In 1942, Parker left McShann's band and played with Earl Hines for one year. Also in the band was trumpet player Dizzy Gillespie, which is where the soon to be famous duo met for the first time. Because of the two-year Musicians' Union recording ban on all commercial recordings from 1942 to 1944 (part of a struggle to get royalties from record sales for a union fund for out-of-work musicians), much of bebop's early development was not captured for posterity. As a result, the new musical concepts only gained limited radio exposure. Bebop musicians had a difficult time gaining widespread recognition. It was not until 1945, when the recording ban was lifted, that Parker's collaborations with Dizzy Gillespie, Max Roach, Bud Powell and others had a substantial effect on the jazz world. Bebop began to grab hold and gain wider appeal among musicians and fans alike.
By 1950, much of the jazz world had fallen under Parker's spell. Many musicians transcribed and copied his solos. Legions of saxophonists imitated his playing note-for-note. In response to these pretenders, Parker's admirer, the bass player Charles Mingus, titled a tune "Gunslinging Bird" (short for "If Charlie Parker were a Gunslinger, There'd be a Whole Lot of Dead Copycats") featured on the album Mingus Dynasty. In this regard, he is perhaps only comparable to Louis Armstrong: both men set the standard for their instruments for decades, and few escaped their influence.
Hard bop first developed in the mid-1950s, and is generally seen as originating with The Jazz Messengers, a quartet led by pianist Horace Silver and drummer Art Blakey.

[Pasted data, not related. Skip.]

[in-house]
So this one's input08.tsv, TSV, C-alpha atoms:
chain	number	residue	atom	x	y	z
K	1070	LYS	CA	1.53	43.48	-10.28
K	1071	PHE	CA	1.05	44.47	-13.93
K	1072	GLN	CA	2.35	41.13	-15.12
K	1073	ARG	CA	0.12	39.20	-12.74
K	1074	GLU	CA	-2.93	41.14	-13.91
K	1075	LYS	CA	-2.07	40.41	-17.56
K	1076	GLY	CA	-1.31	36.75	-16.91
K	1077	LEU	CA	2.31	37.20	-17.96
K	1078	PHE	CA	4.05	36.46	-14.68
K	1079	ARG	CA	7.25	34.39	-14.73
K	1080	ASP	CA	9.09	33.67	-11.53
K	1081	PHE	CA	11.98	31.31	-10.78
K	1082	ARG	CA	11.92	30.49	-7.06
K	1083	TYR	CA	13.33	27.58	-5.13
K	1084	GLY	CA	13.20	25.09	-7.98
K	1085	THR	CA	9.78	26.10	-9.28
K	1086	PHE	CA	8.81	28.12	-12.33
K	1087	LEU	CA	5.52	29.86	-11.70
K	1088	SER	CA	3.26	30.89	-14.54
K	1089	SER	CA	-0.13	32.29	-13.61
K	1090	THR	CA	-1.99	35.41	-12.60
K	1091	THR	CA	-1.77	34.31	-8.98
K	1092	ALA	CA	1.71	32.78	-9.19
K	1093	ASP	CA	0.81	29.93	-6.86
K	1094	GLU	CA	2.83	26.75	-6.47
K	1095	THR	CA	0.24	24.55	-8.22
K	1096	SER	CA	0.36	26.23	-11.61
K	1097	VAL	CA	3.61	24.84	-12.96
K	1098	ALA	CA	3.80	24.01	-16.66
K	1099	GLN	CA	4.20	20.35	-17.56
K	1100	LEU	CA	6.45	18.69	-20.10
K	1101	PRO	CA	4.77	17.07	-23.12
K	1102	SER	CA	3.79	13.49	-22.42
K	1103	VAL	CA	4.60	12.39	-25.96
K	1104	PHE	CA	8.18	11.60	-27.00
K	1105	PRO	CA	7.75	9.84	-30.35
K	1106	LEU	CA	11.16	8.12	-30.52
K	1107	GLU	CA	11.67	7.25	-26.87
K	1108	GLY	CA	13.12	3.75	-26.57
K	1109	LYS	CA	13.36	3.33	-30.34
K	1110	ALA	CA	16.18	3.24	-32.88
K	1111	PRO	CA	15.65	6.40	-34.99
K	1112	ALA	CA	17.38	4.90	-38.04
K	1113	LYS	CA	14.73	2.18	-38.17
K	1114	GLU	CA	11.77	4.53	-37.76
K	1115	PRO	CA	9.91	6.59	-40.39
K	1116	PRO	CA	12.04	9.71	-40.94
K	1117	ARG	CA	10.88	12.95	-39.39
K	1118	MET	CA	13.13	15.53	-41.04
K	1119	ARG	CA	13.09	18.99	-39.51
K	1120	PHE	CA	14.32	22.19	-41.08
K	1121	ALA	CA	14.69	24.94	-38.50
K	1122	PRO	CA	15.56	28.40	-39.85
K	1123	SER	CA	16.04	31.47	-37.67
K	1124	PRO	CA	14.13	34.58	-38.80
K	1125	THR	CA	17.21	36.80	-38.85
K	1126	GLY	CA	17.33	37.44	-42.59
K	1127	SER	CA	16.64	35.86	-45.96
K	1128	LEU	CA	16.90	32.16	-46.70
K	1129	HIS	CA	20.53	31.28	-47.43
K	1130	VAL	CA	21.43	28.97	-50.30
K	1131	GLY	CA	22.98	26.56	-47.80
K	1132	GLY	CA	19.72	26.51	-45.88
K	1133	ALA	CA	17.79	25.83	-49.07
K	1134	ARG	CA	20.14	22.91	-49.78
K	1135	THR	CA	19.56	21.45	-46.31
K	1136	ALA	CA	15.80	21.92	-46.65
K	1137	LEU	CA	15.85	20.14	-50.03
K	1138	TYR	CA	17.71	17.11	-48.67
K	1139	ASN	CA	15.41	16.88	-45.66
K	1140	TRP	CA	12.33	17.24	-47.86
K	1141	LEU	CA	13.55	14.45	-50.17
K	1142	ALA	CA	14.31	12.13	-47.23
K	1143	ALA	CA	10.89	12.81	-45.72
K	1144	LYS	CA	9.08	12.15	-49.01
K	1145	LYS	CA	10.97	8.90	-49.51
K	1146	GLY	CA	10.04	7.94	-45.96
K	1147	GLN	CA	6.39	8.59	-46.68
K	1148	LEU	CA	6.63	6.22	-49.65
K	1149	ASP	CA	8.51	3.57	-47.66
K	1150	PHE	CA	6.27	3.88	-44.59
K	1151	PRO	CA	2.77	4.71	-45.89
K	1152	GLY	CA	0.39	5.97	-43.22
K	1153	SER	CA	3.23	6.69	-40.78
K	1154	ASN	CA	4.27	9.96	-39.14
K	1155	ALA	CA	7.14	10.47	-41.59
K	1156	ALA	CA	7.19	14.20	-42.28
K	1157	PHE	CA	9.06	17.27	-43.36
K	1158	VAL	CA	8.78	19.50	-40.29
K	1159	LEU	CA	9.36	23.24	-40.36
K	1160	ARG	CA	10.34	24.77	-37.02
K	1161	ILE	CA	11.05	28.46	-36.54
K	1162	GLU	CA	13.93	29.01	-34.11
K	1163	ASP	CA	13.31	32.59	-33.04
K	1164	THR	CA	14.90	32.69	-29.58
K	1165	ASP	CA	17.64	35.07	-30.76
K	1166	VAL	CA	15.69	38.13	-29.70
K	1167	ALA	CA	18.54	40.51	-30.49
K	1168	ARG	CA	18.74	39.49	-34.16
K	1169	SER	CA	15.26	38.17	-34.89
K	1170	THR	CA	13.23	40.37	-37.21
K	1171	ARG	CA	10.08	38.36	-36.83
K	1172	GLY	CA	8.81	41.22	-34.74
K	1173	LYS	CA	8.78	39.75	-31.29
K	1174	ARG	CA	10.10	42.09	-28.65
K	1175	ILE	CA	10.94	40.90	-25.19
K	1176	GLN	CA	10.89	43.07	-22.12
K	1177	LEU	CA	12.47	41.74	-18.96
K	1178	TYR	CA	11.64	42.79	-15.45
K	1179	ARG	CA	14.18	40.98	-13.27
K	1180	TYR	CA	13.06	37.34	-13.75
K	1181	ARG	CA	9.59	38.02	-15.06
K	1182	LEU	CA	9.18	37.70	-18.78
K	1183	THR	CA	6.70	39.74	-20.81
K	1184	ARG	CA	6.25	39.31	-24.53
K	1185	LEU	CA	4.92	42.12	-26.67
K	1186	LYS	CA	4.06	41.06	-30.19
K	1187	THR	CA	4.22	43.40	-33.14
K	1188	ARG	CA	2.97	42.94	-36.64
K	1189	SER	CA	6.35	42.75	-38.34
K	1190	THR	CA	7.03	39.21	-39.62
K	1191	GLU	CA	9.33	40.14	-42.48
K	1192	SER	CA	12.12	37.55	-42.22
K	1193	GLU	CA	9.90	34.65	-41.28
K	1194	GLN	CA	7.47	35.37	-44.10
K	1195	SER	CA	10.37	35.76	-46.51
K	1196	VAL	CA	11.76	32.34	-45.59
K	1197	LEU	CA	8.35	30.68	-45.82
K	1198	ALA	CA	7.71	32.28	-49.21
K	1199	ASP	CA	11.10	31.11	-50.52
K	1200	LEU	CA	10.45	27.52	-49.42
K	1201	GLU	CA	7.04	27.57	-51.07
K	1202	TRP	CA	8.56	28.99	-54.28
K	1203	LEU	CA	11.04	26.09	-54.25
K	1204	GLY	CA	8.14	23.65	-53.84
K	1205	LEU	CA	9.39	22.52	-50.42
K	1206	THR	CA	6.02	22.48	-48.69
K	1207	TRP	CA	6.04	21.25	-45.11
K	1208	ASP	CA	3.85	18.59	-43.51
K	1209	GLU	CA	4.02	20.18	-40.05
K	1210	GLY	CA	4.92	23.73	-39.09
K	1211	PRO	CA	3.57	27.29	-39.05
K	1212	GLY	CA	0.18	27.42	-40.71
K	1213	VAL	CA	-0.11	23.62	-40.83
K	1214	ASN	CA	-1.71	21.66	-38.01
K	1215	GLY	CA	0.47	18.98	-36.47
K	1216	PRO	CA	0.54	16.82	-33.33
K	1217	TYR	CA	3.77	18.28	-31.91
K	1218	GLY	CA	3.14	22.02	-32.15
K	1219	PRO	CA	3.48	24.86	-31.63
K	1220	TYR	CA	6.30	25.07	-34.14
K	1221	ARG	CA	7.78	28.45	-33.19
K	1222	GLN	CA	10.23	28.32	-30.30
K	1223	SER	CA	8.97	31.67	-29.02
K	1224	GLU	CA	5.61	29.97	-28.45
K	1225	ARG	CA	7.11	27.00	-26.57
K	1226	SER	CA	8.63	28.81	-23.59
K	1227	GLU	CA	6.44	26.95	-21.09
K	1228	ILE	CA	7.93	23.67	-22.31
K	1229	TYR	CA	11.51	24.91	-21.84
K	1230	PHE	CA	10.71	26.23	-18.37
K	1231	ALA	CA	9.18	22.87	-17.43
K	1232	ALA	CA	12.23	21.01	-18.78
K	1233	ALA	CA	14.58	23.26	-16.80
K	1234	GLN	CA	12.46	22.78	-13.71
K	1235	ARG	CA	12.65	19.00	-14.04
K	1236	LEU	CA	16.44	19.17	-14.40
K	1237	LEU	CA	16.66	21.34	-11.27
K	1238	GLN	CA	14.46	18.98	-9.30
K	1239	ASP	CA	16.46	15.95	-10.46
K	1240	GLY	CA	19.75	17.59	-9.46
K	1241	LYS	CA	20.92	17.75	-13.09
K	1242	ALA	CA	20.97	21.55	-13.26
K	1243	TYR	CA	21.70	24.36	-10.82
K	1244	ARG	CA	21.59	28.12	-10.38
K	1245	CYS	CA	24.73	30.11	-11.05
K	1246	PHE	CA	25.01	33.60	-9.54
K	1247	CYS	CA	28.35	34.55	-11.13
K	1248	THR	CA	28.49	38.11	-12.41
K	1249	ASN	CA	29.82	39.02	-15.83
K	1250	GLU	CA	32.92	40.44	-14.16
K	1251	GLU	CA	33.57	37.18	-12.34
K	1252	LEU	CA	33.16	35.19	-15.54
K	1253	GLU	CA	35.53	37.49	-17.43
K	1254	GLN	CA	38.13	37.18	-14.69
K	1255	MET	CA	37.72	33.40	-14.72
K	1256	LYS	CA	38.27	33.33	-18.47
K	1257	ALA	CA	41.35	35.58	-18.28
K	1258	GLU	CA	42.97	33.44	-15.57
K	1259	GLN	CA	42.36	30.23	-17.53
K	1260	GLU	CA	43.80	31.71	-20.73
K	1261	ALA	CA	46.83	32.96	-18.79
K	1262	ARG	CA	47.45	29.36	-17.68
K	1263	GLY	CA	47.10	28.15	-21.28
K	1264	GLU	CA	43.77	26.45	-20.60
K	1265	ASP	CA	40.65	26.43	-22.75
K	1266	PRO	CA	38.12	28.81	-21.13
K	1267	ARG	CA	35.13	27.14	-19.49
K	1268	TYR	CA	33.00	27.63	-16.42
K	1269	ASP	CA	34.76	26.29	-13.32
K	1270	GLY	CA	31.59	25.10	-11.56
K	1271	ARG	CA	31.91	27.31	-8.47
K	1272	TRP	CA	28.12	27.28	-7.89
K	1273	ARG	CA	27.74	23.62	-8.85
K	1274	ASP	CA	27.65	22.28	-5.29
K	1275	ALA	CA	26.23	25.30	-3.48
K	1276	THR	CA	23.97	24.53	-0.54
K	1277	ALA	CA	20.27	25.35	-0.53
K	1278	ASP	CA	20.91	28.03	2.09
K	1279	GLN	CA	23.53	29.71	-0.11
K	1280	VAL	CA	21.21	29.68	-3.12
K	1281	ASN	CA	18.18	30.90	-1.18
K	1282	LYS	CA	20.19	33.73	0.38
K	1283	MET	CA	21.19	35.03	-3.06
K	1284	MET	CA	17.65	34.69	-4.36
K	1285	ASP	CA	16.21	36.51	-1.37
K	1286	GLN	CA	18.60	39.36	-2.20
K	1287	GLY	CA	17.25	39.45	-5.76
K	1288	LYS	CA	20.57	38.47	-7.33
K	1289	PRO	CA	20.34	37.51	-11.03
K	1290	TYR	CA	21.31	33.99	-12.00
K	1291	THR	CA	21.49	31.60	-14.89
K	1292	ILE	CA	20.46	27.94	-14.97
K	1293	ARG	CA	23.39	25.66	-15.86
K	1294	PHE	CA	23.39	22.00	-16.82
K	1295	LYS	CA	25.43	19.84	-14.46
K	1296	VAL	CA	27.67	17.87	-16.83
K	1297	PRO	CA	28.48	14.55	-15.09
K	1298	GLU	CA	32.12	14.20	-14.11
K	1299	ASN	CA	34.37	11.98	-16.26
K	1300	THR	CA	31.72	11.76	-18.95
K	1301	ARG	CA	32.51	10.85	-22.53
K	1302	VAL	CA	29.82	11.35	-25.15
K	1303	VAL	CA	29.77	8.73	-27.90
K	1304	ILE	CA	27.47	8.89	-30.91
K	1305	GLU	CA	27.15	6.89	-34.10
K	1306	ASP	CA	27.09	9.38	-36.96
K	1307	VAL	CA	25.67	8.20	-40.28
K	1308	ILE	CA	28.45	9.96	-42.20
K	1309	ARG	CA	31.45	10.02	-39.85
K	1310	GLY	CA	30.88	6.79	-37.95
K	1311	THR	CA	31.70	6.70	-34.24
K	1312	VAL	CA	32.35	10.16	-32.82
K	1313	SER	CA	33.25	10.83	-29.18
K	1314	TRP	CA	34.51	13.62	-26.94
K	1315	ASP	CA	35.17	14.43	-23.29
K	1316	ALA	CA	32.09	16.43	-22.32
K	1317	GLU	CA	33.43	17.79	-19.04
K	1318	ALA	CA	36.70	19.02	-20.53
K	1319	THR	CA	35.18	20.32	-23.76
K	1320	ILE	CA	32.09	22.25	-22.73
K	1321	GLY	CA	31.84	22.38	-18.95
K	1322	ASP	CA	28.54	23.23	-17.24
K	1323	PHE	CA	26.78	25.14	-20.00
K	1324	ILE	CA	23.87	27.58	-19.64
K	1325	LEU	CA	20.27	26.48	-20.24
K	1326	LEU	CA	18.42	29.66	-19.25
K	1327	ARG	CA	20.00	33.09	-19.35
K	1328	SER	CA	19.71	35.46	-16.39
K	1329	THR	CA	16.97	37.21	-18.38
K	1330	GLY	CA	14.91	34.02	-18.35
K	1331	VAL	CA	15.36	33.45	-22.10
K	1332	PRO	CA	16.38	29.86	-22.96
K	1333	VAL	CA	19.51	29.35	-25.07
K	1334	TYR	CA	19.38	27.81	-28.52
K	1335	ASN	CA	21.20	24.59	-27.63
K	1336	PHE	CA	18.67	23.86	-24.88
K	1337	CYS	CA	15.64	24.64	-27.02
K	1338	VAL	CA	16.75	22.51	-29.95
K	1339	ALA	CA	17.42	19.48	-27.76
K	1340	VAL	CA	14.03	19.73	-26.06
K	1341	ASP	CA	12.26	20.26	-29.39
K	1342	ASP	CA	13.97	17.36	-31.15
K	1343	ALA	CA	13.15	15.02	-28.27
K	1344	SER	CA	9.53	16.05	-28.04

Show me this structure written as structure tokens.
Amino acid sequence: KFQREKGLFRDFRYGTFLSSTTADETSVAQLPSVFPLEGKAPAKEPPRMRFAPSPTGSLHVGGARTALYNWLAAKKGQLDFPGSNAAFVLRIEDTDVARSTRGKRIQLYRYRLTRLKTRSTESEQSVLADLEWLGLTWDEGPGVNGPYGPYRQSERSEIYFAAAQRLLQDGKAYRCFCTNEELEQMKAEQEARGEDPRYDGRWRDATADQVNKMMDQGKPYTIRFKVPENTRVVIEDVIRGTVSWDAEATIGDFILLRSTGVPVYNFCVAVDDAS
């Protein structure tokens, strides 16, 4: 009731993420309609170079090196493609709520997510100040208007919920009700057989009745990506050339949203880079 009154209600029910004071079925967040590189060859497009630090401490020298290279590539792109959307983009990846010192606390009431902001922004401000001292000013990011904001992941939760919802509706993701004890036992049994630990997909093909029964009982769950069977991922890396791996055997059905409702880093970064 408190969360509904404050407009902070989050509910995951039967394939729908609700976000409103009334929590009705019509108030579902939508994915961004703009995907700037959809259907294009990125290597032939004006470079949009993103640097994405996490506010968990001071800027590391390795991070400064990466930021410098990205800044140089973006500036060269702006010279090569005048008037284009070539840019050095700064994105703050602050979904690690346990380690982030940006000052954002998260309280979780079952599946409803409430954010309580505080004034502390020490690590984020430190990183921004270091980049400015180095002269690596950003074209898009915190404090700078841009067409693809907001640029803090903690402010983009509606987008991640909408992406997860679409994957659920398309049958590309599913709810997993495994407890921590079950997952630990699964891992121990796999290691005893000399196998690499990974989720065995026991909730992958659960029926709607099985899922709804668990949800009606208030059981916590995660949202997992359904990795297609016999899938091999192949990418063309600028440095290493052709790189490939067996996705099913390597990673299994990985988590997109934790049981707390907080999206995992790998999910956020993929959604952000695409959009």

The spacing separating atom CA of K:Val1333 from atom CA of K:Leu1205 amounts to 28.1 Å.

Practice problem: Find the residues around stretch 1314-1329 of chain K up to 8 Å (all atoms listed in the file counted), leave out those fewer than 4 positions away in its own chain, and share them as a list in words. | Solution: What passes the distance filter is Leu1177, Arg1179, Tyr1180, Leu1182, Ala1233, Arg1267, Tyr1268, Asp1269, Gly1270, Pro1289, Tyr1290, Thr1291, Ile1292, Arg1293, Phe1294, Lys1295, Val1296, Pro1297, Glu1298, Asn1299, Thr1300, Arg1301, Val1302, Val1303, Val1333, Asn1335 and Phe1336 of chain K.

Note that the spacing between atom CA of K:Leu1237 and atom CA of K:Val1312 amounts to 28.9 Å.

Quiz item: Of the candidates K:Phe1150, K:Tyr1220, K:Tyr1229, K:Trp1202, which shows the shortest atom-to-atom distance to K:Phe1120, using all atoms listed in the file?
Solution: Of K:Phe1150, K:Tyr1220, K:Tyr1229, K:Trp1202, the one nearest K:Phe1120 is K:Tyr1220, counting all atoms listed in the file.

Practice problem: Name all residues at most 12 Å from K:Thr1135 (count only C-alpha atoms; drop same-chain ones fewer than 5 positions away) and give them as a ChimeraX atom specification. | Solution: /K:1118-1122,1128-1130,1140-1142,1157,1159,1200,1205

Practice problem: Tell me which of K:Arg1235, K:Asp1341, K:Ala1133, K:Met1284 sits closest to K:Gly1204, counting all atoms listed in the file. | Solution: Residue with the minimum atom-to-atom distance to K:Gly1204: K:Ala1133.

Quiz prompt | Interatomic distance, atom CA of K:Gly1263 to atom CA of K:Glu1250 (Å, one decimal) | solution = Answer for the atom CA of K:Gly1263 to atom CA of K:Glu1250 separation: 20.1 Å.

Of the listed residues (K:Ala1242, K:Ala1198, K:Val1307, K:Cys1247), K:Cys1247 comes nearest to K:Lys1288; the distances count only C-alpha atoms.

Some writers, such as James Lincoln Collier, suggest that the style was an attempt to recapture jazz as a form of African American expression. Whether or not this was the intent, many musicians quickly adopted the style, regardless of race. Michael Cuscuna maintains that Silver and Blakey's efforts were in response to the New York bebop scene: "Both Art and Horace were very, very aware of what they wanted to do. They wanted to get away from the jazz scene of the early '50s, which was the Birdland scene—you hire Phil Woods or Charlie Parker or J. J. Johnson, they come and sit in with the house rhythm section, and they only play blues and standards that everybody knows. There's no rehearsal, there's no thought given to the audience. Both Horace and Art knew that the only way to get the jazz audience back and make it bigger than ever was to really make music that was memorable and planned, where you consider the audience and keep everything short. They really liked digging into blues and gospel, things with universal appeal. So they put together what was to be called the Jazz Messengers."
Post-bop is a term for a form of small-combo jazz music that evolved in the early-to-mid sixties. The genre's origins lie in seminal work by John Coltrane, Miles Davis, Bill Evans, Charles Mingus, Wayne Shorter and Herbie Hancock. Generally, the term post-bop is taken to mean jazz from the mid-sixties onward that assimilates influence from hard bop, modal jazz, the avant-garde, and free jazz, without necessarily being immediately identifiable as any of the above.